Over the past several decades, with the passage of amendments to the Divorce Act, the incidence of divorce and remarriage has grown in frequency.
With ever increasing life expectancy and the graying of society there has been a rise in the number of reported cases of elderly individuals experiencing mental decline entering into marriage with younger spouses harbouring fraudulent motives.
Marriages of this nature have come to be termed as predatory marriages.
The act of marriage has significant potential impact on a person’s property, finances and estate.
Recent cases dealing with predatory marriages have determined that;
- capacity to marry is more than a mayor appreciation of taking part in the marriage ceremony or a mayor understanding of the words invoked;
- capacity to marry requires an understanding of the nature of the marriage contract;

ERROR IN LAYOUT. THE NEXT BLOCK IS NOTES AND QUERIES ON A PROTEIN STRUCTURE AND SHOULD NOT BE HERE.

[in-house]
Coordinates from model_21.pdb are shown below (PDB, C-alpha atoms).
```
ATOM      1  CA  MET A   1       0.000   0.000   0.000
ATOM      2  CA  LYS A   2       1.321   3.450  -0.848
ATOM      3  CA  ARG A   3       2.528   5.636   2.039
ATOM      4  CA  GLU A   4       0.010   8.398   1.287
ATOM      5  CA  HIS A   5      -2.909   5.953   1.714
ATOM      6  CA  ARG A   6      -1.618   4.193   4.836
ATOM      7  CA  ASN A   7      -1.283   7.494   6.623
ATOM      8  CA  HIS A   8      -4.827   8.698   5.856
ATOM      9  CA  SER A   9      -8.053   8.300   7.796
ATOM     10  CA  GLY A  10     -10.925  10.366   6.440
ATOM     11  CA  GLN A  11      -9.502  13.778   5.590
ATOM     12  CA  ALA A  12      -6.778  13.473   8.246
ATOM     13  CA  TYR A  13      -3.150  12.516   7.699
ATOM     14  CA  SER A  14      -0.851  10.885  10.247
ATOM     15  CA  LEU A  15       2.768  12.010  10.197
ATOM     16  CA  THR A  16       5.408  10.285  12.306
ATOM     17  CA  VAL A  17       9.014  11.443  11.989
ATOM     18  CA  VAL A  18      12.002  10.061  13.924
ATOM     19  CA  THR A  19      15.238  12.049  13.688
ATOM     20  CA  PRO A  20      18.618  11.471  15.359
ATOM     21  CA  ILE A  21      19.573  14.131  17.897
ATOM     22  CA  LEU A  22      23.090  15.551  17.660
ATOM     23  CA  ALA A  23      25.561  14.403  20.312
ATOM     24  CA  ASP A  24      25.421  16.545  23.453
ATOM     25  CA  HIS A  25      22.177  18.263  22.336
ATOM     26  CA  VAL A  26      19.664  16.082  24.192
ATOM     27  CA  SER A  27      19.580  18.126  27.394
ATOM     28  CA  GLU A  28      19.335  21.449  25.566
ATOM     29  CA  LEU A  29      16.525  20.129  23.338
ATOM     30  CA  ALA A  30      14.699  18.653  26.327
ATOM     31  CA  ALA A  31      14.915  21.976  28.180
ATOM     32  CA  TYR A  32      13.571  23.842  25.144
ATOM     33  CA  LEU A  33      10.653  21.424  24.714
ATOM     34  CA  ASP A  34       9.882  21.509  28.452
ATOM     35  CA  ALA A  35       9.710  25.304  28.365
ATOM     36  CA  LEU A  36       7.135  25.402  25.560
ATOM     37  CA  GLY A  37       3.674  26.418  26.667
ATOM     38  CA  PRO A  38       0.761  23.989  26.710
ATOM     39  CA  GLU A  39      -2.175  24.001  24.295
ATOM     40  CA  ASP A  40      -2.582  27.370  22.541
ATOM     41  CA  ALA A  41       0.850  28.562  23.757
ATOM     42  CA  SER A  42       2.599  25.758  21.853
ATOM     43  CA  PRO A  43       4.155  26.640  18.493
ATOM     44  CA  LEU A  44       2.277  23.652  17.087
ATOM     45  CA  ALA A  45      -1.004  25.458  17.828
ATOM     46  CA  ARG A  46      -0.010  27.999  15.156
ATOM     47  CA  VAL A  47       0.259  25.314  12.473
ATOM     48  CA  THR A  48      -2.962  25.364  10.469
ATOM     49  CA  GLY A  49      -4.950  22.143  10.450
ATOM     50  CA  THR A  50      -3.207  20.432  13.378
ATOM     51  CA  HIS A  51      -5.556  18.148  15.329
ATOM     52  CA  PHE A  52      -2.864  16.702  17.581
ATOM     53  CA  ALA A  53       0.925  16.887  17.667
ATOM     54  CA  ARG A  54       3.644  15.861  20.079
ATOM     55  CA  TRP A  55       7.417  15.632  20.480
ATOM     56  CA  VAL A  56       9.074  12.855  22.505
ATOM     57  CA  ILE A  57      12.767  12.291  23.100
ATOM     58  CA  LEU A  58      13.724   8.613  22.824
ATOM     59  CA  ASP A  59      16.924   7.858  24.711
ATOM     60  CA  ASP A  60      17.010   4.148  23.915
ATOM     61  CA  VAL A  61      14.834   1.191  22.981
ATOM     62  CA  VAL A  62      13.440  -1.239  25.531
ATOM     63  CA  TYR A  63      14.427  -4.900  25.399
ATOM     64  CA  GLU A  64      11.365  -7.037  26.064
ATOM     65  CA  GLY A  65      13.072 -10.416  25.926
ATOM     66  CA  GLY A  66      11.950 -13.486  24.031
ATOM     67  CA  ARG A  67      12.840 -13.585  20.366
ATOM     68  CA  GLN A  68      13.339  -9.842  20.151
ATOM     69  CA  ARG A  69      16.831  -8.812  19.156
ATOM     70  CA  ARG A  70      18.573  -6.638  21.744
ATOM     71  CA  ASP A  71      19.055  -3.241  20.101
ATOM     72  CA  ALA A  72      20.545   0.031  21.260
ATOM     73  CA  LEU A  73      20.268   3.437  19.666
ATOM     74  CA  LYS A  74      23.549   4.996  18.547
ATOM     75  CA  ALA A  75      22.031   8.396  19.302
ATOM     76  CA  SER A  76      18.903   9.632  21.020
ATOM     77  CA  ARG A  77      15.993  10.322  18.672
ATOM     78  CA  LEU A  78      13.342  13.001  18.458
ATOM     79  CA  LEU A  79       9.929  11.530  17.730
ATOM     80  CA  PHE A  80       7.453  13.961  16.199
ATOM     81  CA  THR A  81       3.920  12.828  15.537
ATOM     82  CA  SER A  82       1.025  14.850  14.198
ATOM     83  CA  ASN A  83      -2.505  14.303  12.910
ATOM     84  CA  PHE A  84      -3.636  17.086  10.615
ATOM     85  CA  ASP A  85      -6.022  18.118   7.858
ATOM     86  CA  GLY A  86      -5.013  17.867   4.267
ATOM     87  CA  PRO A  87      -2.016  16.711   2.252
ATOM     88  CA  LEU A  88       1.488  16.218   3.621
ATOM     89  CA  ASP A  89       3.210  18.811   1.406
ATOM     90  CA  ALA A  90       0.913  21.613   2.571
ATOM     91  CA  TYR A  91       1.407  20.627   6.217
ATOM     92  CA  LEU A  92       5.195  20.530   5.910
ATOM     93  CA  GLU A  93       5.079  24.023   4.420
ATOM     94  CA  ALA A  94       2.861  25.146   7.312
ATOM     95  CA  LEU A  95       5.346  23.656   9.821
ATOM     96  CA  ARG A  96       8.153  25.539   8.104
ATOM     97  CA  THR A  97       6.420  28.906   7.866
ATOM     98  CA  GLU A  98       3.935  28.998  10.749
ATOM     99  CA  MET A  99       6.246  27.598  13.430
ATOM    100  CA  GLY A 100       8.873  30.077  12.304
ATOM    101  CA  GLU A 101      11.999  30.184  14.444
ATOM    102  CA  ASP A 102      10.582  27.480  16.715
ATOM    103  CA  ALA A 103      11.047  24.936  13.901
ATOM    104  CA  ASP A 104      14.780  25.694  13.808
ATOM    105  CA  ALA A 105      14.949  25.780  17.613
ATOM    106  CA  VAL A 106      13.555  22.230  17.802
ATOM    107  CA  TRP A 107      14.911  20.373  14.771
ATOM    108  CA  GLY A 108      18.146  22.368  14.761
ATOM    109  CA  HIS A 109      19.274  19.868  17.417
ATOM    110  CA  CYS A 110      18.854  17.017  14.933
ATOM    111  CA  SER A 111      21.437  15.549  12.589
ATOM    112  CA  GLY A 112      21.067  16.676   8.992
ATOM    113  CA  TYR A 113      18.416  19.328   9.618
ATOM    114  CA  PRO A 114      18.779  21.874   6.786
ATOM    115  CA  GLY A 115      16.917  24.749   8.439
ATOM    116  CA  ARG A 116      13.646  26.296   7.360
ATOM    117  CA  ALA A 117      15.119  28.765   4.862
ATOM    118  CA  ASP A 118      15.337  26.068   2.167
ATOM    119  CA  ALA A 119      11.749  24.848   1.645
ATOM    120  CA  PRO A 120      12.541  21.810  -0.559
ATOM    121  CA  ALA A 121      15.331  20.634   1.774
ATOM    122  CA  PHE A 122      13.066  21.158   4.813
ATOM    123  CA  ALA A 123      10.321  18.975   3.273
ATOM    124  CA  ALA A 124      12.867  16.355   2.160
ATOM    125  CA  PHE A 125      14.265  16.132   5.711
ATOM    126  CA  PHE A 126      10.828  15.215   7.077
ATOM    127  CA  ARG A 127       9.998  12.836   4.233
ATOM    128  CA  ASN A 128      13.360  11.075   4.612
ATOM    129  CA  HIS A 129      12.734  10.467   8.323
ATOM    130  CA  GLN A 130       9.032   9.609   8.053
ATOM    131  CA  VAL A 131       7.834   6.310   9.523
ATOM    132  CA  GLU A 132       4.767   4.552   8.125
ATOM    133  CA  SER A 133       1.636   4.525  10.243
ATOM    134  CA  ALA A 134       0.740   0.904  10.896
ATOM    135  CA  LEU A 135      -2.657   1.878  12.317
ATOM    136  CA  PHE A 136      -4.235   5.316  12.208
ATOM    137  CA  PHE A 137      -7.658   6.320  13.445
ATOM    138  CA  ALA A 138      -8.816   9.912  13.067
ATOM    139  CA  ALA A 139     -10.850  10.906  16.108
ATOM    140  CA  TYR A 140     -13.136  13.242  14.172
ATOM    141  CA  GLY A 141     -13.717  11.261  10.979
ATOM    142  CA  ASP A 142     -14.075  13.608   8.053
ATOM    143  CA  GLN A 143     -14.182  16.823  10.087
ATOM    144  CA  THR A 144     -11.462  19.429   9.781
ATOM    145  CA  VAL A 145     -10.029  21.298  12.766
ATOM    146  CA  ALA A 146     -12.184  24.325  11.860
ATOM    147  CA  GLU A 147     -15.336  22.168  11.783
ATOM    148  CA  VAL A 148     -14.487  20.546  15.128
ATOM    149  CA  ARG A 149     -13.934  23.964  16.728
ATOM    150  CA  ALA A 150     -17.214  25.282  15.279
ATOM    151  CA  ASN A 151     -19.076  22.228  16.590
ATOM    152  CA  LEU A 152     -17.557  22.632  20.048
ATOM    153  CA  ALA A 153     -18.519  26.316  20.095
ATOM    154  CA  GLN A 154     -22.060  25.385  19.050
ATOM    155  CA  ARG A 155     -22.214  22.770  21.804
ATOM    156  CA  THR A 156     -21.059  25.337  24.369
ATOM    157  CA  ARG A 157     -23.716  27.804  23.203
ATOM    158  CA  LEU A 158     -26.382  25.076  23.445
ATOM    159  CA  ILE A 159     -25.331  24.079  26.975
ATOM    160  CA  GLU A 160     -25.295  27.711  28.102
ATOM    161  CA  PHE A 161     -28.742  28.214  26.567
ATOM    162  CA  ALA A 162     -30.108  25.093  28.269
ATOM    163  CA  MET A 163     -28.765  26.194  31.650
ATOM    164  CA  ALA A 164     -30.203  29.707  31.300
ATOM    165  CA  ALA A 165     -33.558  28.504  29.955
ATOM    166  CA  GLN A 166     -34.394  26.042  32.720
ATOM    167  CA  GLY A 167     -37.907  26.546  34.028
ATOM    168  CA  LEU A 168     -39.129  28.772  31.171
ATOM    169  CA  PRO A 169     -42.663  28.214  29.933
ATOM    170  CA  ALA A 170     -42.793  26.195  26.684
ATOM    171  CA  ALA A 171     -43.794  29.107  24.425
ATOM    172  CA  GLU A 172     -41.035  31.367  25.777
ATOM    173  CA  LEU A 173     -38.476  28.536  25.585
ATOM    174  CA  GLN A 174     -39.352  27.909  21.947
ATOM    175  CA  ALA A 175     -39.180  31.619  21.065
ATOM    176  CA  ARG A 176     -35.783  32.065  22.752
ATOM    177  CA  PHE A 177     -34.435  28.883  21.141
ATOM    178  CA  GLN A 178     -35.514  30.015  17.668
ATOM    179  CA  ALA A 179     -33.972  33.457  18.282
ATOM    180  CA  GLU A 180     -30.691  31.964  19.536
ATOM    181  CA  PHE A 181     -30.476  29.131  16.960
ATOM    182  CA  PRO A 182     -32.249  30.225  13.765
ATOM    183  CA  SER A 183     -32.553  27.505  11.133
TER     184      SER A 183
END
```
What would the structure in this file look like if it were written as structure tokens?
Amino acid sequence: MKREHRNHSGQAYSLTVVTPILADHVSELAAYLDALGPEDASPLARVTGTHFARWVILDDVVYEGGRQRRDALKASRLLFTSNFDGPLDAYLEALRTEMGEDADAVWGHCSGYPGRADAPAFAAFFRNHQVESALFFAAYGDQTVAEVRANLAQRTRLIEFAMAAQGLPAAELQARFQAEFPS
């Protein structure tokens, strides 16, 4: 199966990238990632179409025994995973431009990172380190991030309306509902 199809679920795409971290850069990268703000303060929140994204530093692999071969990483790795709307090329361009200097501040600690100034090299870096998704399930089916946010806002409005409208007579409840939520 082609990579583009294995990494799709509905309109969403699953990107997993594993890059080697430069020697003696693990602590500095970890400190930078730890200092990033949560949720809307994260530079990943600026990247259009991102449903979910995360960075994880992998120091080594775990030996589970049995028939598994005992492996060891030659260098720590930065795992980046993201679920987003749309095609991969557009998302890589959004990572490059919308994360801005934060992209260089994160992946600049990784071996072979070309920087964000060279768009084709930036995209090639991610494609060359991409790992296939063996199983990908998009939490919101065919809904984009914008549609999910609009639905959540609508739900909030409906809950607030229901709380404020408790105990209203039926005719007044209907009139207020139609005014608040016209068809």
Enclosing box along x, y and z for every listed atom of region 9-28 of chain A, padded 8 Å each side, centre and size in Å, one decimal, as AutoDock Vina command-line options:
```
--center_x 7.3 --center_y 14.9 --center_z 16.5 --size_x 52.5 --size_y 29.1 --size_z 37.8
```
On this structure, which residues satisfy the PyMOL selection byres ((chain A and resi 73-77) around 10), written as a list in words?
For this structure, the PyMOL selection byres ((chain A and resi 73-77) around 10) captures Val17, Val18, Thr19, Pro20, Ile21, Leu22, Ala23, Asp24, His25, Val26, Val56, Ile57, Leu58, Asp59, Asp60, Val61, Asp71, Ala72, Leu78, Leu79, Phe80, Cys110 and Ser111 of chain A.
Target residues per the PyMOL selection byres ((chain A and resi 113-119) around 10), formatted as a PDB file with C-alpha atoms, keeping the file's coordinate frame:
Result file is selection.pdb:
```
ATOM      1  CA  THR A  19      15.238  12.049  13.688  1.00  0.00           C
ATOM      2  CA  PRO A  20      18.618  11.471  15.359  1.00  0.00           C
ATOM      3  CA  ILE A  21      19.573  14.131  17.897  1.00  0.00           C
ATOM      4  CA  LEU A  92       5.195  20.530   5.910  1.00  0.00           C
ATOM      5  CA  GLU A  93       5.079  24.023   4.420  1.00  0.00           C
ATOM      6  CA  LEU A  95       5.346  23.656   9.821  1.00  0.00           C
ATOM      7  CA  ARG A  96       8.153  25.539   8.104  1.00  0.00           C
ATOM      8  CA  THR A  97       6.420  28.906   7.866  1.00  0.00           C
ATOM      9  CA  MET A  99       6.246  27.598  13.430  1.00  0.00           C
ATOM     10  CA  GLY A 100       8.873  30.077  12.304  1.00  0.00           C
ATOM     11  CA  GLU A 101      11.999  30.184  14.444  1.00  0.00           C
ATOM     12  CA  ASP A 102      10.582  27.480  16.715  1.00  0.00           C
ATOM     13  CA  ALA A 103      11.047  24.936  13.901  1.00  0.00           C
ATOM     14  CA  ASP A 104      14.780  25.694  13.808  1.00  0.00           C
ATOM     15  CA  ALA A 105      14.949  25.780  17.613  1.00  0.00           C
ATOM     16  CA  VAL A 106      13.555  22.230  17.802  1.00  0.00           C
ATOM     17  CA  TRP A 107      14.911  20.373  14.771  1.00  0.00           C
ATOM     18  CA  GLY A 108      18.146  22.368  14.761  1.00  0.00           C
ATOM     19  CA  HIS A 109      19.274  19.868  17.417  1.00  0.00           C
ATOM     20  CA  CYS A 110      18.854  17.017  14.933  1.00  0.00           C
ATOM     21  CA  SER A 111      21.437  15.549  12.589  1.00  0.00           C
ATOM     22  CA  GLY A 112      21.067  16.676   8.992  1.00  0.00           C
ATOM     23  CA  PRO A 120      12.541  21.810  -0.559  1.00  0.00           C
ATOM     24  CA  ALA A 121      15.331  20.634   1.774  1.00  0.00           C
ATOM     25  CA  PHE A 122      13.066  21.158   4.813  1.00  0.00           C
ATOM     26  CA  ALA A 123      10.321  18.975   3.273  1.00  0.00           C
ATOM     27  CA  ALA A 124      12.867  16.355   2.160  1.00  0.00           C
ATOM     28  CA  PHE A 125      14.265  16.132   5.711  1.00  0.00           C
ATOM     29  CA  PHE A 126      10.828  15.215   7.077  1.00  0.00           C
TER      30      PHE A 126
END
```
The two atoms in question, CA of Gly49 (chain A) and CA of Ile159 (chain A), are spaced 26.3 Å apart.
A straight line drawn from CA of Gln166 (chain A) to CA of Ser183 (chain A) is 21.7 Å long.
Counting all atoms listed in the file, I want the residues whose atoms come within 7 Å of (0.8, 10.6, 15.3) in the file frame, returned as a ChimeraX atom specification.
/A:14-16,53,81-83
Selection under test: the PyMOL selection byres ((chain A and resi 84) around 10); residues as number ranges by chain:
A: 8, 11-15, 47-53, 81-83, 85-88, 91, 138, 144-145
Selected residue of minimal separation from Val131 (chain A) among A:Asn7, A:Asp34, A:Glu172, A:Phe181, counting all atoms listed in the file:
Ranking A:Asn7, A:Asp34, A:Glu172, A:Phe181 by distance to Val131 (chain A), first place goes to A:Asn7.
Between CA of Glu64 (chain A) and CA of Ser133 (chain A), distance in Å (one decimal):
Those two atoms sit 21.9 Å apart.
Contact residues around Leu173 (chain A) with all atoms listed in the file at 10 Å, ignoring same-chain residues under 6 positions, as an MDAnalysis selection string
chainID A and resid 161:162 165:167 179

- to understand the nature of the marriage contract is to understand the duties and responsibilities that normally attached to marriage;
- the contract of marriage is in essence a simple one, which does not require a high degree of intelligence to comprehend.
Given the significant legal property consequences attendant on entering into marriage including the revocation at law of pre-existing wills marriages there is an ongoing legal debate on whether statutory measures are necessary to address predatory marriage situations.
Written by Barrie Hayes